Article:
The Philip's clinkard 36st.
The great crusado of Portugal 33g. 10st.
The double Spanish pistolet 6g. 0st.
The single Spanish pistolet 3g. 0st.
The double Italian pistolet 5g. 16st.
The single pistolet 2g. 18st.
The great rial of 'Osterriick' 14g. 5st
The ducat of Hungary, Spain, Portugal "and those coined in Riick" [i.e. the Empire] 3g. 8st.
The double Spanish ducat 6g. 16st.
The golden Castillian 4g. 8st.
The Portugal crown "with the short cross" 3g. 3st.
The Portugal crown "with the long cross" 3g. 2st.
The double Italian ducat 6g. 12st.
The single Italian ducat "and the salutation" 3g. 6st.
The Portugal "mill re" 6g. 16st.
The Dutch gildern 48st.
The David's gildern of Utrecht 2g. 0st.
The Guelderland's ryder 35st.
The gilderns of Deventer, Campian and Swolle, and Clemmer 34st.
The rose noble of Guelderland and Utrecht 7g. 9st.
The Flemish noble, old and new 6g. 7st.
The double Zeeland's ducat 6g. 16st.
The Hollands ducat 3g. 8st.
The double gildern of Netherlands "called the States' crown" 2g. 8st.
The Guelderland's and Friesland's golden ryder (coined 1582) 2g. 18st.
Endd. 1¾ pp. [Holland IX. 68.]
Aug. 6. SIR THOMAS SHERLEY to BURGHLEY.
When I delivered your letters to his Excellency, I also let him know how honourably you have dealt with her Majesty for the furtherance of the cause here in hand, and of your loving disposition towards himself, and care that her Highness should satisfy his reasonable desires. He takes it most kindly of you, and I trust will ever seek to requite it. He showed me your kind letter to him, for which he was very thankful, as I am for your mention therein of my love to him. While I live I shall study to deserve your favour by all service that may lie in me to do to you and yours. I think you will have heard "that since the taking of 'Nuse' the Prince hath gotten 'Mewers,' but that was had by intelligence and not by blows." We heard that he had marched into Brabant, but even now news comes that he is besieging Berke. I think we shall presently go to relieve it.—"Tergrave," 6 August, 1586. "Sir Thomas Cecil is in very good health. He was here yesterday, and is gone to Utrecht." Add. Endd. Seal of arms. 1 p. [Holland IX. 69.]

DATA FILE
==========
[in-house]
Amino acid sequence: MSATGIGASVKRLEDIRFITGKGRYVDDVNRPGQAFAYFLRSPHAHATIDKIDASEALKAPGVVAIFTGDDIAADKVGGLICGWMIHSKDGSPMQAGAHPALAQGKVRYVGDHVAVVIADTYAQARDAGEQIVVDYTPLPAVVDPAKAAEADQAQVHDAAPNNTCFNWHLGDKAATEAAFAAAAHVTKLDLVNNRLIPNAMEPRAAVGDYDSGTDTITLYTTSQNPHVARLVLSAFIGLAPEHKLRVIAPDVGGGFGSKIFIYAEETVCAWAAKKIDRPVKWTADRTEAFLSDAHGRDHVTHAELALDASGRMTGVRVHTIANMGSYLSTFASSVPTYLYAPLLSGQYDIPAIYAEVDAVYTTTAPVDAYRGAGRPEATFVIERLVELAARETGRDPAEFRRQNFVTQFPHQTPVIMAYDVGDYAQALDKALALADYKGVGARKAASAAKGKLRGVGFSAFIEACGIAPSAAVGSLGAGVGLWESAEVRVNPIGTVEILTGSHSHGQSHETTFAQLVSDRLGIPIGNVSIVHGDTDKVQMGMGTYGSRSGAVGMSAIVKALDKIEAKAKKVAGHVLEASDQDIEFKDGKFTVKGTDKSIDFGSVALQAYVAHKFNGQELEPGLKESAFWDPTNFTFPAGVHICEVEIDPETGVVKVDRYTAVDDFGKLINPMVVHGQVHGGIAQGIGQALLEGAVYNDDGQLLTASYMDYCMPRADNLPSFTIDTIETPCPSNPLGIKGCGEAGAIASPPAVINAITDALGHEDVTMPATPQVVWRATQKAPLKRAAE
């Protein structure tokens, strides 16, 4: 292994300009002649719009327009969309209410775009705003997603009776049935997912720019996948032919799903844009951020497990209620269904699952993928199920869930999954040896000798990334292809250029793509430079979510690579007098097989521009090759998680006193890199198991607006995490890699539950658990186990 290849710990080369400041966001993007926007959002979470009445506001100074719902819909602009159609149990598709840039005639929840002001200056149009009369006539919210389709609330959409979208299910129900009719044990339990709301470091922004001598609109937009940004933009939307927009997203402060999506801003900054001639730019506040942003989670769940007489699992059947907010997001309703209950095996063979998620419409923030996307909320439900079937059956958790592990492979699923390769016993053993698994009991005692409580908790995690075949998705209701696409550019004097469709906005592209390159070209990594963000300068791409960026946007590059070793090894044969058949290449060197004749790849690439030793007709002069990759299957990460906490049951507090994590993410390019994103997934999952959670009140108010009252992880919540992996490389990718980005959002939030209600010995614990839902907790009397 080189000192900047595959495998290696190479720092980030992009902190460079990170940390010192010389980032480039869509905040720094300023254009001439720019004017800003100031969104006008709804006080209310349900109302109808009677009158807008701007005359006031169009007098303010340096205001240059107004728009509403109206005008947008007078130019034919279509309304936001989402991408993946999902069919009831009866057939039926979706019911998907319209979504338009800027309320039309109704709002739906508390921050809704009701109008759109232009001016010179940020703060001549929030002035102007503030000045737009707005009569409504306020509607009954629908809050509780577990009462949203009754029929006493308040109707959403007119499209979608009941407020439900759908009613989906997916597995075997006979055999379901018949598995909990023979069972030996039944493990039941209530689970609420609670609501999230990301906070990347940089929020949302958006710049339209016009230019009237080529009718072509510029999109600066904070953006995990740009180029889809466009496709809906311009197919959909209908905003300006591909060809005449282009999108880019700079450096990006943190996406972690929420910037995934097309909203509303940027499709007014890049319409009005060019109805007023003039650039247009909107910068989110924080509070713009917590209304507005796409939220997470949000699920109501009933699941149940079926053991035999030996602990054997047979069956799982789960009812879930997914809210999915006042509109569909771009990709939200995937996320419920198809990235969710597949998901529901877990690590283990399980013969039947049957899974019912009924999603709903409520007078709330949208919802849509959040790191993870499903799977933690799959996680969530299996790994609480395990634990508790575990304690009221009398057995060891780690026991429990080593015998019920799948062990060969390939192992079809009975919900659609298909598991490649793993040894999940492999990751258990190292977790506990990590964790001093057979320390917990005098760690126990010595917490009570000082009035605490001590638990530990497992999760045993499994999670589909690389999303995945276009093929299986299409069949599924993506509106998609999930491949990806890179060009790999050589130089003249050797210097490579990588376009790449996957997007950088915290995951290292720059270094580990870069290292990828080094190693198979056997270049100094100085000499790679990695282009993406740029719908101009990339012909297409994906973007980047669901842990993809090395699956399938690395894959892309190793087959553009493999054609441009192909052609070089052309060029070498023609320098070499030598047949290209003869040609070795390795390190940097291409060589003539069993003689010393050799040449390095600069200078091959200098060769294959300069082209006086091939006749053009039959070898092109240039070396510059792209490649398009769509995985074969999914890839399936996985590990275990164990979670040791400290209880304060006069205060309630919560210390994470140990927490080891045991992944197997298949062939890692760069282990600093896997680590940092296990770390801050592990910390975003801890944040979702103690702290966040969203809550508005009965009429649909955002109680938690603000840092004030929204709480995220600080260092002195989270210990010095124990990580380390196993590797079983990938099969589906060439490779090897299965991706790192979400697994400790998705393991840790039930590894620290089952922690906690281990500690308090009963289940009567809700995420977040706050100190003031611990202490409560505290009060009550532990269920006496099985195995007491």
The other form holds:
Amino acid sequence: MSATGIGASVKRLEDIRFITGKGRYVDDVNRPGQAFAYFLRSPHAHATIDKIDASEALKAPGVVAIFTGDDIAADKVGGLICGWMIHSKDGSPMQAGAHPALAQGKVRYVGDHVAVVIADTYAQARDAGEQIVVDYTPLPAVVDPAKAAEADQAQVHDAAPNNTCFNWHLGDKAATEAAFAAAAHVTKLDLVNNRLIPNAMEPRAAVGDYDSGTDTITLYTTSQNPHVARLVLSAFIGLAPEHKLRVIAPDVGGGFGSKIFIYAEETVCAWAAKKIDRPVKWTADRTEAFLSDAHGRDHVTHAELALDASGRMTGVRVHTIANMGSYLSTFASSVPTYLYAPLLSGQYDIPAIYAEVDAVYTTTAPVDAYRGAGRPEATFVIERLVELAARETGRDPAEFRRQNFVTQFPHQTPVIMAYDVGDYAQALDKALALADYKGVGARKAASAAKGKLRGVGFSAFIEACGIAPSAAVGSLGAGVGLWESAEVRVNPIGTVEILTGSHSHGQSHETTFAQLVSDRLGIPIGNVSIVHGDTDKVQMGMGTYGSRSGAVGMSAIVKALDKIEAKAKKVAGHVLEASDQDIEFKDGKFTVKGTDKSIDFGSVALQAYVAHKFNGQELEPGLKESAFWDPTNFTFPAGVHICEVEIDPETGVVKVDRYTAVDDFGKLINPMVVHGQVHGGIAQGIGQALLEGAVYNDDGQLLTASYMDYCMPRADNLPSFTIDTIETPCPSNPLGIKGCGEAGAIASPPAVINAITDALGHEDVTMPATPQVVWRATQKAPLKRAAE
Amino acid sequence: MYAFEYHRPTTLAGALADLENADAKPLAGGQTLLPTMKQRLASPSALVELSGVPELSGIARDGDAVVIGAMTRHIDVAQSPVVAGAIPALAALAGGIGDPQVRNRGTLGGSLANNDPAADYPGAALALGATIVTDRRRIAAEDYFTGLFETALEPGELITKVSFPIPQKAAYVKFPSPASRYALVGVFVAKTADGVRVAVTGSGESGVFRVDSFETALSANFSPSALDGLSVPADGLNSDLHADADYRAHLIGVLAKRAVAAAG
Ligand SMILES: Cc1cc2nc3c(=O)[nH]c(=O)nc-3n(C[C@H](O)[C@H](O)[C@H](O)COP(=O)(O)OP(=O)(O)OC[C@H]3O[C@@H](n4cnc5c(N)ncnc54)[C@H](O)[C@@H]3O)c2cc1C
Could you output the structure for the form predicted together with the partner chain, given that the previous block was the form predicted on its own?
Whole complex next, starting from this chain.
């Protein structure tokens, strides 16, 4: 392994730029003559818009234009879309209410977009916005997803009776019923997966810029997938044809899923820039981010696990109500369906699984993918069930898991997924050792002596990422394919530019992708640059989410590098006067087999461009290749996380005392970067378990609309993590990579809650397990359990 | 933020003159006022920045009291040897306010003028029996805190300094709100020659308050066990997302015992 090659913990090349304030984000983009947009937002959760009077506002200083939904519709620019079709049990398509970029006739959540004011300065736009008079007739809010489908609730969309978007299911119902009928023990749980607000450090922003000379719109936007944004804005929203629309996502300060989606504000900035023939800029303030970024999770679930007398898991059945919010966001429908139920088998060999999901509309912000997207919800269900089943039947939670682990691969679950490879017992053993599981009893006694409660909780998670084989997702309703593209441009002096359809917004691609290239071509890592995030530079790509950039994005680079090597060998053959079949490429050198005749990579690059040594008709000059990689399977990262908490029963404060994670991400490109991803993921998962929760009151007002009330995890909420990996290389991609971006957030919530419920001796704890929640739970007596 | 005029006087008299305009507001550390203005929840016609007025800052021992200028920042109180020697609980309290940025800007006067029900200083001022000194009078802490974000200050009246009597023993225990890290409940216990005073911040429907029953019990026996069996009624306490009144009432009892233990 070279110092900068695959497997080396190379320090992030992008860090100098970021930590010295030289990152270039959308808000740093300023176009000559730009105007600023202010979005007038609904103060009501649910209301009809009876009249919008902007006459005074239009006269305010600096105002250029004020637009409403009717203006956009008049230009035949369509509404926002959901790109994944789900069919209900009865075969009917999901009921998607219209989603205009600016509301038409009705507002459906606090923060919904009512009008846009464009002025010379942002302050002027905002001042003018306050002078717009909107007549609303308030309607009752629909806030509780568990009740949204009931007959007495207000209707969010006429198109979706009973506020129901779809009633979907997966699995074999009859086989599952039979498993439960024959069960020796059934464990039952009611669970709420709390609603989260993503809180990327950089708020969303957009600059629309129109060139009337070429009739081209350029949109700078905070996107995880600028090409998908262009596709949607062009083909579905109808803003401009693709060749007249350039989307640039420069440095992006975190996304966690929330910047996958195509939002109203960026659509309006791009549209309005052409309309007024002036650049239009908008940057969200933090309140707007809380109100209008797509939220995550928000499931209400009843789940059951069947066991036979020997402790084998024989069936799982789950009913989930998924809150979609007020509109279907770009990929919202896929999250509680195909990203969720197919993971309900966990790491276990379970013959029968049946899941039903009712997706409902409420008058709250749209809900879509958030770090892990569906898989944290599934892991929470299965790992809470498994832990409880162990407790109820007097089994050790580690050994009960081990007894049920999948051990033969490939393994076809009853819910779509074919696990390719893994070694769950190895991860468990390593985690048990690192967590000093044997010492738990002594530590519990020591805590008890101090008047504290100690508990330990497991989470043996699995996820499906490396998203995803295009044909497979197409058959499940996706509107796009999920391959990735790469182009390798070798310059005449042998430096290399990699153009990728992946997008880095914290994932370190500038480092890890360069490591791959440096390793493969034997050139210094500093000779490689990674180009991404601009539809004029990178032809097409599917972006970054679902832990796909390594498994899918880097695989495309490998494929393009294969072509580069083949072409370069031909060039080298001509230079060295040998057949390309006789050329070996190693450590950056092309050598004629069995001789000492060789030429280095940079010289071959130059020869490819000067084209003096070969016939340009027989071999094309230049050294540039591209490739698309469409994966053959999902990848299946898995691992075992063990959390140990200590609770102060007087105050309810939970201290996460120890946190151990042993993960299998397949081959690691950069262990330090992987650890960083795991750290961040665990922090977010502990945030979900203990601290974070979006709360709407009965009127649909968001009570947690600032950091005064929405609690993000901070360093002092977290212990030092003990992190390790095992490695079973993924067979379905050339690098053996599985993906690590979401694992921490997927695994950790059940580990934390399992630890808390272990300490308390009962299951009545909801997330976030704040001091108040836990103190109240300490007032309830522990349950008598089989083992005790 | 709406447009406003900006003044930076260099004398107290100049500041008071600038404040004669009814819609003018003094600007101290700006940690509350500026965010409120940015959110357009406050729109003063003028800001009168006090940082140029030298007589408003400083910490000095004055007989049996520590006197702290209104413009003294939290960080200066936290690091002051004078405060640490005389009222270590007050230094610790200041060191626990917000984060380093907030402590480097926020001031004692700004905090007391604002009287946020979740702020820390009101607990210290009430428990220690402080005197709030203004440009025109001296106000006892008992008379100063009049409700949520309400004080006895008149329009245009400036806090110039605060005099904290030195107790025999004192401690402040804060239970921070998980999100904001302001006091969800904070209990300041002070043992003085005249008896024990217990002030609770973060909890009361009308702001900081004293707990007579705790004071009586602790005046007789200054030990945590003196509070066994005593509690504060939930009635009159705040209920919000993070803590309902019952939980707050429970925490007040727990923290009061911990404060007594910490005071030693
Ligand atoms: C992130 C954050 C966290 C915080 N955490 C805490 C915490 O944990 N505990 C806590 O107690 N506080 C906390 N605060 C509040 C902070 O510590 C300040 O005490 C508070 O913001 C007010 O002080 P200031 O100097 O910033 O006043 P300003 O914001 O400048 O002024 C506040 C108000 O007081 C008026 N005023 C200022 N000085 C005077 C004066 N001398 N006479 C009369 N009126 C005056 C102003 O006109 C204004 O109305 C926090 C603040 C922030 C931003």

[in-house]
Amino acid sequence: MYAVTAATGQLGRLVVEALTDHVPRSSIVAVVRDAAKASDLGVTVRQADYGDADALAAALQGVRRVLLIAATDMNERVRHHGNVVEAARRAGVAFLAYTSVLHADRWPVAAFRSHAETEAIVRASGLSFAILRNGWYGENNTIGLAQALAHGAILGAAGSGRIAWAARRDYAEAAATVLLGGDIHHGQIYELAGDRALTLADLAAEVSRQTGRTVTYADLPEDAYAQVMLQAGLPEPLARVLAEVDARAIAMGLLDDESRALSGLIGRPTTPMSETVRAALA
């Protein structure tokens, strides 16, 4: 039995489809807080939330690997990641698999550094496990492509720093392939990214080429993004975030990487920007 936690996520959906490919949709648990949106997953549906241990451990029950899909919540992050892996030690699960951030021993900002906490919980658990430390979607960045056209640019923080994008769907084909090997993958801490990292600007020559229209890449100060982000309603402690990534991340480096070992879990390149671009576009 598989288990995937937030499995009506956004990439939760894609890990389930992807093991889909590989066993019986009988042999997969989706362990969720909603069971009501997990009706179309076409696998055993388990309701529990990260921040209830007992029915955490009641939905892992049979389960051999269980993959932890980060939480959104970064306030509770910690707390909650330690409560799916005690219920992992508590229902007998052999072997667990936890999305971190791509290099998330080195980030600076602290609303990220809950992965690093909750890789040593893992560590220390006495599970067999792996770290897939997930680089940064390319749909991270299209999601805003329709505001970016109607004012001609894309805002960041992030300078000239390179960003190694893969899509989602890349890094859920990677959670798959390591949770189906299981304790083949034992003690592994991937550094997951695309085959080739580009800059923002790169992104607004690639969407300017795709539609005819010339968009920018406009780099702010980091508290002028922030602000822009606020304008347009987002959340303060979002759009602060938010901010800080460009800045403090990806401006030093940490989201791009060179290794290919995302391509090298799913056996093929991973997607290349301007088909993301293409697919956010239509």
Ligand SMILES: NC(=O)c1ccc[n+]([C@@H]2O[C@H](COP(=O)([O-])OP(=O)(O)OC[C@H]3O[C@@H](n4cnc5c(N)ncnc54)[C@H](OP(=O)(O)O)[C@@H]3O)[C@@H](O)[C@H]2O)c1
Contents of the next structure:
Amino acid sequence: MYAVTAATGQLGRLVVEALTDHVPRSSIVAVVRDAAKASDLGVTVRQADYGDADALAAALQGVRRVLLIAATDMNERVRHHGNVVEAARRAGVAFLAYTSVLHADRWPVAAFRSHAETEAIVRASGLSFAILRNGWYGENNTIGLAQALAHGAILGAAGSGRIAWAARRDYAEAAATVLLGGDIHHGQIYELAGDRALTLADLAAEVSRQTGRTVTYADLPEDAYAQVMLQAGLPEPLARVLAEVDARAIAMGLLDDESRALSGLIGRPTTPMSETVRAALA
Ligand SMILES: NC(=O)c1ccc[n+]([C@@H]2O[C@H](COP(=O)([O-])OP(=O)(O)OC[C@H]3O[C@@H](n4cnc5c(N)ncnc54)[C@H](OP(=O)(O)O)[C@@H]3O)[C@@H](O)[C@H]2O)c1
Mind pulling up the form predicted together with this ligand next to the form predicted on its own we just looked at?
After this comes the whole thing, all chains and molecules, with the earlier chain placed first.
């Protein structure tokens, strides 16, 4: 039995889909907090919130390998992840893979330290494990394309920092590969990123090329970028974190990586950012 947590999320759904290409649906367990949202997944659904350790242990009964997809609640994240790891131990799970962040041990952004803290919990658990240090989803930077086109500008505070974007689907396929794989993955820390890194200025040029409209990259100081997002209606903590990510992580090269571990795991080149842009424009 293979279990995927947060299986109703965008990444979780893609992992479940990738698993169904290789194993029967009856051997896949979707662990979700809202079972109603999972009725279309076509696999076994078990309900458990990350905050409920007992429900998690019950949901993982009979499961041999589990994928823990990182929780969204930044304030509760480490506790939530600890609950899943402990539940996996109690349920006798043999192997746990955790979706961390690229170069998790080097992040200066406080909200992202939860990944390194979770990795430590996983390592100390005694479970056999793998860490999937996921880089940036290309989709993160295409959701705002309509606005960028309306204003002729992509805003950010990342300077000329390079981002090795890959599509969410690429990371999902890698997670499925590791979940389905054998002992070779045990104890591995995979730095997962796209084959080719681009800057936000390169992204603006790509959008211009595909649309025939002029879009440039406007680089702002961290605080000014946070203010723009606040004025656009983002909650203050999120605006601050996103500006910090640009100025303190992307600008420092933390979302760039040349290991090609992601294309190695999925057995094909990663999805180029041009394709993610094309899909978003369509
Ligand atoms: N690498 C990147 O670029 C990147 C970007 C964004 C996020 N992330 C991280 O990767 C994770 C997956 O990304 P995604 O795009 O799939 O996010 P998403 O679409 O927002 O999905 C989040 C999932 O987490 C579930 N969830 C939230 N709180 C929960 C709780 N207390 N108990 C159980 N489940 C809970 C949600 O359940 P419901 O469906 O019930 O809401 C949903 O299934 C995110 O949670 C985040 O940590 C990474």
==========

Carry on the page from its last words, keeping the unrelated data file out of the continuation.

Aug. 7. Draft for the following letter to her Majesty. Endd. 1½ pp. [Ibid. 70.]
Aug. 7. THOMAS WILKES to THE QUEEN.
At my arrival at Utrecht on the 1st of this month, where I found my lord of Leicester, the Council of State were at la Hague : but they met him at Goude in Holland, where I delivered your Majesty's letters, and declared to them as much as I was directed. They seemed to have learnt of my coming and the gracious message I brought, and had given some inkling of it to the people, who received me with much gladness. The Council showed a wonderful joy, as if raised from deep despair to a certain hope of the continuance of your succour ; for though they pretended to have been satisfied with your former letters, "the constant bruit brought from the enemy of the supposed treaty of peace between your Majesty and him, and the secret working of Paul Bus....had so amazed them" that they began to abandon all hope. They rendered you "immortal and eternal thanks" (using those epithets) and promised to open their state and hearts to your view, desiring me to go with them to the Hague, where all their papers and records are, that they might acquaint me with all things for your satisfaction.—Gouda, 7 August, 1586, stilo veteri. Signed. Add. Endd. 1 p. [Ibid. 71.]
Aug. 7. THOMAS WILKES to BURGHLEY.
To the same effect as to her Majesty above. To give the "more show of truth" to the report about a peace, the enemy have had a house prepared in Brussels "for an ambassador coming out of England" to conclude it.—Gouda, 7 August, 1586, stilo veteri. Signed. Add. Endd. Seal of arms. 1¼ pp. [Ibid. 72.]